Letters

The real ethics of rationing

BMJ 1997; 315 doi: https://doi.org/10.1136/bmj.315.7117.1231 (Published 08 November 1997) Cite this as: BMJ 1997;315:1231

Purchasers, not surgeons, control waiting lists

  1. J R E Hamilton, Consultant cardiac surgeona
  1. a Freeman Hospital, Newcastle upon Tyne NE7 7DN
  2. b Royal Hospitals NHS Trust, London E1 1BB
  3. c 4 West Farm Close, Ogmore by Sea, Bridgend CF32 0PT

    Editor—I applaud the BMJ's efforts to bring the important issue of rationing to the fore, but I cannot allow one aspect of Light's contribution to go without challenge.1 Under the heading “parasitic privatisation” he says, “to top it off, the surgeons control the waiting lists” (to encourage patients into the private sector). I despair that someone of his academic stature should show such a lack of understanding of the purchaser-provider split that we have had in the NHS for the past six years. In the vast majority of cases we as surgeons have a contract with purchasers that places an upper limit on the number of patients on whom we can operate. Thus surgeons have no control over the number of patients having surgery and therefore, by definition, over the waiting list. The role of the surgeon is to prioritise, on clinical grounds, within the contracted number.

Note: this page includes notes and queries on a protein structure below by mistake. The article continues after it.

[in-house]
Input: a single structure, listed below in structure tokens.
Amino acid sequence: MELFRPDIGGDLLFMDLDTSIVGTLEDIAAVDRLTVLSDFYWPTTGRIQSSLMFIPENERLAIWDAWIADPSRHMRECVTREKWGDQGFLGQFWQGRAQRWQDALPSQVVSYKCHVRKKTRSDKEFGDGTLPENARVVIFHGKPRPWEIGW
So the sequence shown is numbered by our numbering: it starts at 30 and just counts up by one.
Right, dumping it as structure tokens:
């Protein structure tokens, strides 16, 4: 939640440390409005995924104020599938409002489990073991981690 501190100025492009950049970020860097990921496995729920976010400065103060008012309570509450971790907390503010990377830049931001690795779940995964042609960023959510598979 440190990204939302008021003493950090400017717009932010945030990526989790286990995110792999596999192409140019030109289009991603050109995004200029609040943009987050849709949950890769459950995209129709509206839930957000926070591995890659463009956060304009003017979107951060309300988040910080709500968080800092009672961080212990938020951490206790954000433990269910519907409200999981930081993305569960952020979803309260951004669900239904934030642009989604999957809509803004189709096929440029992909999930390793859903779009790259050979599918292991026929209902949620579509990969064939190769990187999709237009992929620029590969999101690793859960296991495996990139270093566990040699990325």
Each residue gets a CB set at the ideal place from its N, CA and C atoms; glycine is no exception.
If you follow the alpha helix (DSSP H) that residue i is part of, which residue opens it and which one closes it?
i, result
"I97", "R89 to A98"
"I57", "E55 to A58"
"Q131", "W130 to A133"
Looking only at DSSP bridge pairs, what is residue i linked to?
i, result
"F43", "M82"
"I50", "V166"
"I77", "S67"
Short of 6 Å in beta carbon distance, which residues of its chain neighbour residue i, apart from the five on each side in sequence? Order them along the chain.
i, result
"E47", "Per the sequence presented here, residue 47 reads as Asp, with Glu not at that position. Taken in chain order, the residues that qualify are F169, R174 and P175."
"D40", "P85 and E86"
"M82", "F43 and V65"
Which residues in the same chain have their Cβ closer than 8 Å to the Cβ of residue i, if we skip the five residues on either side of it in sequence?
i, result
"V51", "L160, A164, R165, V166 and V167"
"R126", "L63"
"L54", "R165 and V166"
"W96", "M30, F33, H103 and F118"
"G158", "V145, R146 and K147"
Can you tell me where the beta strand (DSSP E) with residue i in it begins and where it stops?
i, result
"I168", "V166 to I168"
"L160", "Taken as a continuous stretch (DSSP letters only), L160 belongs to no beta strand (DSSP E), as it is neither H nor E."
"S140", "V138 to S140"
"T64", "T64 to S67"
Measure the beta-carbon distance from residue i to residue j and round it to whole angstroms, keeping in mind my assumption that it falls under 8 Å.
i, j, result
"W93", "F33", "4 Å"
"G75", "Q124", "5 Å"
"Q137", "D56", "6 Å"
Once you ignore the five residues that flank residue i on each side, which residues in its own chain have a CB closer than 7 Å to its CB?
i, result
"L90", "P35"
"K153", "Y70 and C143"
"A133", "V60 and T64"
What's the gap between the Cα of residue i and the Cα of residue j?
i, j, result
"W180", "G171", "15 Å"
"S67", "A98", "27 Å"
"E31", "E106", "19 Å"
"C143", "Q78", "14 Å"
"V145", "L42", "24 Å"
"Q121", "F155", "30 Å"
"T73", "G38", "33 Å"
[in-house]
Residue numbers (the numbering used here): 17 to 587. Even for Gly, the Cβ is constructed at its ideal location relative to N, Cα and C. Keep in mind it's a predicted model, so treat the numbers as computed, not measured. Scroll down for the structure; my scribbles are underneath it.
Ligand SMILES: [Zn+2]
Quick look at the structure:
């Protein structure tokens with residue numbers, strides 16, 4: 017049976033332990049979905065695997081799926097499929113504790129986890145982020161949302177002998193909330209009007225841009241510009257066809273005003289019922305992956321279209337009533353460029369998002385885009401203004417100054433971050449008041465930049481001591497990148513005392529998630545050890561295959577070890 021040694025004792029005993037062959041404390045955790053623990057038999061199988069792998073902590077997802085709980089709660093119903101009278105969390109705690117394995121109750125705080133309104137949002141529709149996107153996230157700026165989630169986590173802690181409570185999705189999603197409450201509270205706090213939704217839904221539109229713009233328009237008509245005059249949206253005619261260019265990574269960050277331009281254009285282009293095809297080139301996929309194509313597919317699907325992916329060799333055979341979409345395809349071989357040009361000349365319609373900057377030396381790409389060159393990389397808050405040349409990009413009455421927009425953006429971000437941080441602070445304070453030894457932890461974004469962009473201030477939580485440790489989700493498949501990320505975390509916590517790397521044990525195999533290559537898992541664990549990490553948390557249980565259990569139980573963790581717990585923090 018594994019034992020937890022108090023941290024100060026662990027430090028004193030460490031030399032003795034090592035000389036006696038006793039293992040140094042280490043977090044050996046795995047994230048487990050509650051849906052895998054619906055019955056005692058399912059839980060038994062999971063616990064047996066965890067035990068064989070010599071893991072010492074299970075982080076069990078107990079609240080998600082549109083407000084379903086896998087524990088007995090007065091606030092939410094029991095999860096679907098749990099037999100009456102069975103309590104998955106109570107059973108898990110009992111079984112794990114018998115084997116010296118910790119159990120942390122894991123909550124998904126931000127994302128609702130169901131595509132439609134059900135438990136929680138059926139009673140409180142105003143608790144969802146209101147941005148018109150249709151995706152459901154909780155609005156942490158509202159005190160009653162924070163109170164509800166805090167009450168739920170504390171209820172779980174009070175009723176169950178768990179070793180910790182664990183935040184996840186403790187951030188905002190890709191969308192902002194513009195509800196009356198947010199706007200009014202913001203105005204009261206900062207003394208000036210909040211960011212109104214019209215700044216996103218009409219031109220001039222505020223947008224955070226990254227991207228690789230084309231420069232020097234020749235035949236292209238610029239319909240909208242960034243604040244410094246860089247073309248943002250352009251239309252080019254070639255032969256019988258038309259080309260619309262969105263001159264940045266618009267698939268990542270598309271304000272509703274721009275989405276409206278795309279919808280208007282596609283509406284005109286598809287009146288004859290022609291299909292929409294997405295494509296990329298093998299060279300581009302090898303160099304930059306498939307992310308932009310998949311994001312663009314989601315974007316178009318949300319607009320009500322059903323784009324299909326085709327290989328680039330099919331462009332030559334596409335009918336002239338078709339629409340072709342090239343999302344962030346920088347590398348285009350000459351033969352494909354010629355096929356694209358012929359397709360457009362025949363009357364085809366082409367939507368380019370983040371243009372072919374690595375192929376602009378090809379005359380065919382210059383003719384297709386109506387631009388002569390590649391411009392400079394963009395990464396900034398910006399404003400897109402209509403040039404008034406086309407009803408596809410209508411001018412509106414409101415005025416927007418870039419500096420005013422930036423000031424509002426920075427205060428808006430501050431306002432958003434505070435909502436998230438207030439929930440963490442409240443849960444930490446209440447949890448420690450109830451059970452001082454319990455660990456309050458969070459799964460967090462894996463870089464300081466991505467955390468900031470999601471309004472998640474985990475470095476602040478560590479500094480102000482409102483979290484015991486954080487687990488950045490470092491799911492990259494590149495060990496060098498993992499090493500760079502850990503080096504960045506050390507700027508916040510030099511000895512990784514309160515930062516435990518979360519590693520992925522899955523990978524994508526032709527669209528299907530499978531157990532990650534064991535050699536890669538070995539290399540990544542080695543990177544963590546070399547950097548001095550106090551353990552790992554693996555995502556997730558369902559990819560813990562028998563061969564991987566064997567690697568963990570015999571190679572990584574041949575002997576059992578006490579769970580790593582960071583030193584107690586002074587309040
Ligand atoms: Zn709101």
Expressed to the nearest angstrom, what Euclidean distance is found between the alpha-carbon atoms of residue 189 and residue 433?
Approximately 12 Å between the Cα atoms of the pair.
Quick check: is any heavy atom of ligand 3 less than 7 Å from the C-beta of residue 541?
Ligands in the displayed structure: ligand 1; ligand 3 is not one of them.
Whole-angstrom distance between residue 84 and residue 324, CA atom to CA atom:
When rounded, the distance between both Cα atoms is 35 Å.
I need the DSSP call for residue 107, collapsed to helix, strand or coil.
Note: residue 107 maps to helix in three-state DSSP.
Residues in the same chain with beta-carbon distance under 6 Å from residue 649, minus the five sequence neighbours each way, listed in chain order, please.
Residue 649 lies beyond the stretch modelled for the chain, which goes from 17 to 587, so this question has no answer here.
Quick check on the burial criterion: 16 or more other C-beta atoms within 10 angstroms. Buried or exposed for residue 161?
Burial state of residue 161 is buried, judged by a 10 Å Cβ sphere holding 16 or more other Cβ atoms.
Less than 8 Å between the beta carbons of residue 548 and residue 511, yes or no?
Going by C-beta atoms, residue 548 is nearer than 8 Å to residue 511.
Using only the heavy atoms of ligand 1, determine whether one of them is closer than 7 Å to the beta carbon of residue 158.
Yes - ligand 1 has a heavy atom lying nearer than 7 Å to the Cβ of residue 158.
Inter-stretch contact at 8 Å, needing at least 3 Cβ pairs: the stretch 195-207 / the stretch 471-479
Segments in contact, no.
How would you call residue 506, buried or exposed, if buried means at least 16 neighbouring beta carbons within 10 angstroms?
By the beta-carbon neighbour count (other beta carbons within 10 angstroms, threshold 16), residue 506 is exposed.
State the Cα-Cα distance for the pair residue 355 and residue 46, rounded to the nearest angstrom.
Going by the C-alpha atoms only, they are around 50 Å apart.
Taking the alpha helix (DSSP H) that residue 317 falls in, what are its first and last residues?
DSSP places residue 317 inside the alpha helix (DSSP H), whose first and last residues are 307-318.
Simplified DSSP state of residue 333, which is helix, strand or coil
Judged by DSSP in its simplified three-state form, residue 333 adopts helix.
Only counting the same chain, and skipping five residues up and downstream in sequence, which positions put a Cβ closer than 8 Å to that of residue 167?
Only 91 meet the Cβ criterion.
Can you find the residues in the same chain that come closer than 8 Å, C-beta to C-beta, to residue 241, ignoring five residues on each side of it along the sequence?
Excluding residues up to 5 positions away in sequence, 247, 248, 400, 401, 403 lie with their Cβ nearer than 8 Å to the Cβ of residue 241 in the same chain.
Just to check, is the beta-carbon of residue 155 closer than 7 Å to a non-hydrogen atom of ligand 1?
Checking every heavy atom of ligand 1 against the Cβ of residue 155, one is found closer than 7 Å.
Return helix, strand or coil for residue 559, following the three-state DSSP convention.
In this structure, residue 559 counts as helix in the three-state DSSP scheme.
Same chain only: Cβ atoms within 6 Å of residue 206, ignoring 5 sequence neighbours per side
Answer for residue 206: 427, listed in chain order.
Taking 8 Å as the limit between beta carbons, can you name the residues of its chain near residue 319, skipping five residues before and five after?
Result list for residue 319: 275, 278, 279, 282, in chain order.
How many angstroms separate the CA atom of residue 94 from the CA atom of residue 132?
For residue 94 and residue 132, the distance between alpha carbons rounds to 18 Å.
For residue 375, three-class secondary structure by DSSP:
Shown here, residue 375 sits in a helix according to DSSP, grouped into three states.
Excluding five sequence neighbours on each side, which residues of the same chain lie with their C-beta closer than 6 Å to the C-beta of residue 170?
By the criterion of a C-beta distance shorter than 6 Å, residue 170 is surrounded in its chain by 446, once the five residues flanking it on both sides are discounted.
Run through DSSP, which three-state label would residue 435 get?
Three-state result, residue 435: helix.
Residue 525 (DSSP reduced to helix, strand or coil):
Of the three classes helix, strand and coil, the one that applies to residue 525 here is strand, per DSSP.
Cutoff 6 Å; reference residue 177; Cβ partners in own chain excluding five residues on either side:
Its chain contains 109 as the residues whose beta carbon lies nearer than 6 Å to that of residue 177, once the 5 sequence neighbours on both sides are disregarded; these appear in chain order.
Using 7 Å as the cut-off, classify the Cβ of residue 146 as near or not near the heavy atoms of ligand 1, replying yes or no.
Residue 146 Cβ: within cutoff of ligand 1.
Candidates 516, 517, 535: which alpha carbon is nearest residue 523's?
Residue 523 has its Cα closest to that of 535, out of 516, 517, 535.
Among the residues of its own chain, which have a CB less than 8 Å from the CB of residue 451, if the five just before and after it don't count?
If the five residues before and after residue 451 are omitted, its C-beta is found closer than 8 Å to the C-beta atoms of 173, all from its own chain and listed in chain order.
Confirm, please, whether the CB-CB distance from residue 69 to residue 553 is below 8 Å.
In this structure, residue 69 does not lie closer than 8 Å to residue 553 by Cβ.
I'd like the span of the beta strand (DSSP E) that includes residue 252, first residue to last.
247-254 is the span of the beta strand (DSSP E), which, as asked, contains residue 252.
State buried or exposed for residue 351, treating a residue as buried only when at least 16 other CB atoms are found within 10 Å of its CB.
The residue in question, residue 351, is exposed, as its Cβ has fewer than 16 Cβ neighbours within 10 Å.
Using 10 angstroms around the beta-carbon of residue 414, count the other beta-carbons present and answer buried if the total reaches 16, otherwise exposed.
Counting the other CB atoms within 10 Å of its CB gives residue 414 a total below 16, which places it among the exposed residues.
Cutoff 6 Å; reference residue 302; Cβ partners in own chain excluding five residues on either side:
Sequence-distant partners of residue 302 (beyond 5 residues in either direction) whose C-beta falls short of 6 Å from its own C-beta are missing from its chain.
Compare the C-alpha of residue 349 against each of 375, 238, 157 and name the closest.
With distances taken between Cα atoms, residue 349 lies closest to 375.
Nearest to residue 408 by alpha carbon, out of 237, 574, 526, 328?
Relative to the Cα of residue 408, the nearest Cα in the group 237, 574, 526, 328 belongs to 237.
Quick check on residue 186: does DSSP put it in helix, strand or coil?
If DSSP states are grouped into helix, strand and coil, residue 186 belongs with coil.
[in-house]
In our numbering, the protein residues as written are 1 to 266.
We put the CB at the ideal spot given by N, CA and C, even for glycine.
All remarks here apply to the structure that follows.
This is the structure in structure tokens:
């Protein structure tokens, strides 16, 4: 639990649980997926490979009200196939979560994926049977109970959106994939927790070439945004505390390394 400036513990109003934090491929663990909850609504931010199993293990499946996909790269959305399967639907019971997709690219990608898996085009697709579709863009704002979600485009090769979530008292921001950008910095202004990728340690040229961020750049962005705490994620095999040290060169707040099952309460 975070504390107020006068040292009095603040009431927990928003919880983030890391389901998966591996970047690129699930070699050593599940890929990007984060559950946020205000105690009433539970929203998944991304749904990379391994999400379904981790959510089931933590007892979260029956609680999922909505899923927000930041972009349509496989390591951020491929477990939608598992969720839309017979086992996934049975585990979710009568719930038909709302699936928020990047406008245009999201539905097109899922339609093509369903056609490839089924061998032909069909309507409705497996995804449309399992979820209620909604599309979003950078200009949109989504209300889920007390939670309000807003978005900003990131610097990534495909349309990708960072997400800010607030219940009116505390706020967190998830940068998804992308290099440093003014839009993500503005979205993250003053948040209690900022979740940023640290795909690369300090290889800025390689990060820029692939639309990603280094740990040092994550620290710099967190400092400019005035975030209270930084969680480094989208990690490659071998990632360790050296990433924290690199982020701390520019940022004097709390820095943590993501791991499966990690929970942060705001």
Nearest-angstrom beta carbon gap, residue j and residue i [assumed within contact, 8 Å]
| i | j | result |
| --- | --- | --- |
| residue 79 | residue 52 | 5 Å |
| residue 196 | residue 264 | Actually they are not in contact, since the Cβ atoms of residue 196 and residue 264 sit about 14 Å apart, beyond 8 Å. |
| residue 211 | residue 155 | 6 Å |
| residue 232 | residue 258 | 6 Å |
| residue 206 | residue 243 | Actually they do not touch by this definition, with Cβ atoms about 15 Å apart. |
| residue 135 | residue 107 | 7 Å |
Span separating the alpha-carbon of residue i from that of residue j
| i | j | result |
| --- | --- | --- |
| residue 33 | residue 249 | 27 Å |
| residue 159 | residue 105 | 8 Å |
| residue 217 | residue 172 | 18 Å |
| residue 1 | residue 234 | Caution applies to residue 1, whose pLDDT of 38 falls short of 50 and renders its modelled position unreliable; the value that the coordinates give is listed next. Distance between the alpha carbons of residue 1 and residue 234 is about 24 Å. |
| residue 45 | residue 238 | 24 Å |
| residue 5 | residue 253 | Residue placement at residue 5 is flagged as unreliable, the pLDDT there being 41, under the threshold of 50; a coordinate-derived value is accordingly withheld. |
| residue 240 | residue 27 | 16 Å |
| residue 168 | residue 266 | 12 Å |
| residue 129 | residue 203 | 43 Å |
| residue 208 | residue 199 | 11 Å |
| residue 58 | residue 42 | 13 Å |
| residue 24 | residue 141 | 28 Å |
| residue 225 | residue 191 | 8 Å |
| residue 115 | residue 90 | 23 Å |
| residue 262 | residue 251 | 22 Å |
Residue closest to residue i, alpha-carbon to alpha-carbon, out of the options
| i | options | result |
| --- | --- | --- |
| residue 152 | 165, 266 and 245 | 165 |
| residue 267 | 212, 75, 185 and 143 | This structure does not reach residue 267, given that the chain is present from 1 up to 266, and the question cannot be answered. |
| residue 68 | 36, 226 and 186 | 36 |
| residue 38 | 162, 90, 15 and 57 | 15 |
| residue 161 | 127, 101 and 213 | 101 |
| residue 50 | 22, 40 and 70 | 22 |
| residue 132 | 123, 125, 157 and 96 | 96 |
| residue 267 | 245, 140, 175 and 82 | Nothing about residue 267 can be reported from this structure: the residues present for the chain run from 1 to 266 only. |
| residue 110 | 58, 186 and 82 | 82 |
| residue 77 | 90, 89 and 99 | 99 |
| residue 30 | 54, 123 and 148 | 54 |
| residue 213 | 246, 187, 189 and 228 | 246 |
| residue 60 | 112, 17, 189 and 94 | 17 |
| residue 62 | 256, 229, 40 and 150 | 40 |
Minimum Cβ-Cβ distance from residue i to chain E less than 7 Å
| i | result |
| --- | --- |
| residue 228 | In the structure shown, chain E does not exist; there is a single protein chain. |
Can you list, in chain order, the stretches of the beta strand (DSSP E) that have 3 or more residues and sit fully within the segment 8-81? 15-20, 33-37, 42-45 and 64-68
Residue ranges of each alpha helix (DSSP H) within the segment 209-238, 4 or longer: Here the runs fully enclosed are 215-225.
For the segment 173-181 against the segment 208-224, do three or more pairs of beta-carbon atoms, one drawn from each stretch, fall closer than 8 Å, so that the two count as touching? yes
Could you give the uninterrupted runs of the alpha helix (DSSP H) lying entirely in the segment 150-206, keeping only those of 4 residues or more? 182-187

If surgeons are to operate on more patients then purchasers must contract for more operations. The onus to reduce waiting time, and therefore encourage patients not to use the private sector, lies solely with the purchasers.

    References

    1. 1.

    Doctors should not be penalised for doing private work in spare time

    1. Francis Chinegwundoh, Consultant urologistb
    1. a Freeman Hospital, Newcastle upon Tyne NE7 7DN
    2. b Royal Hospitals NHS Trust, London E1 1BB
    3. c 4 West Farm Close, Ogmore by Sea, Bridgend CF32 0PT

      Editor—Parts of Light's article on the ethics …

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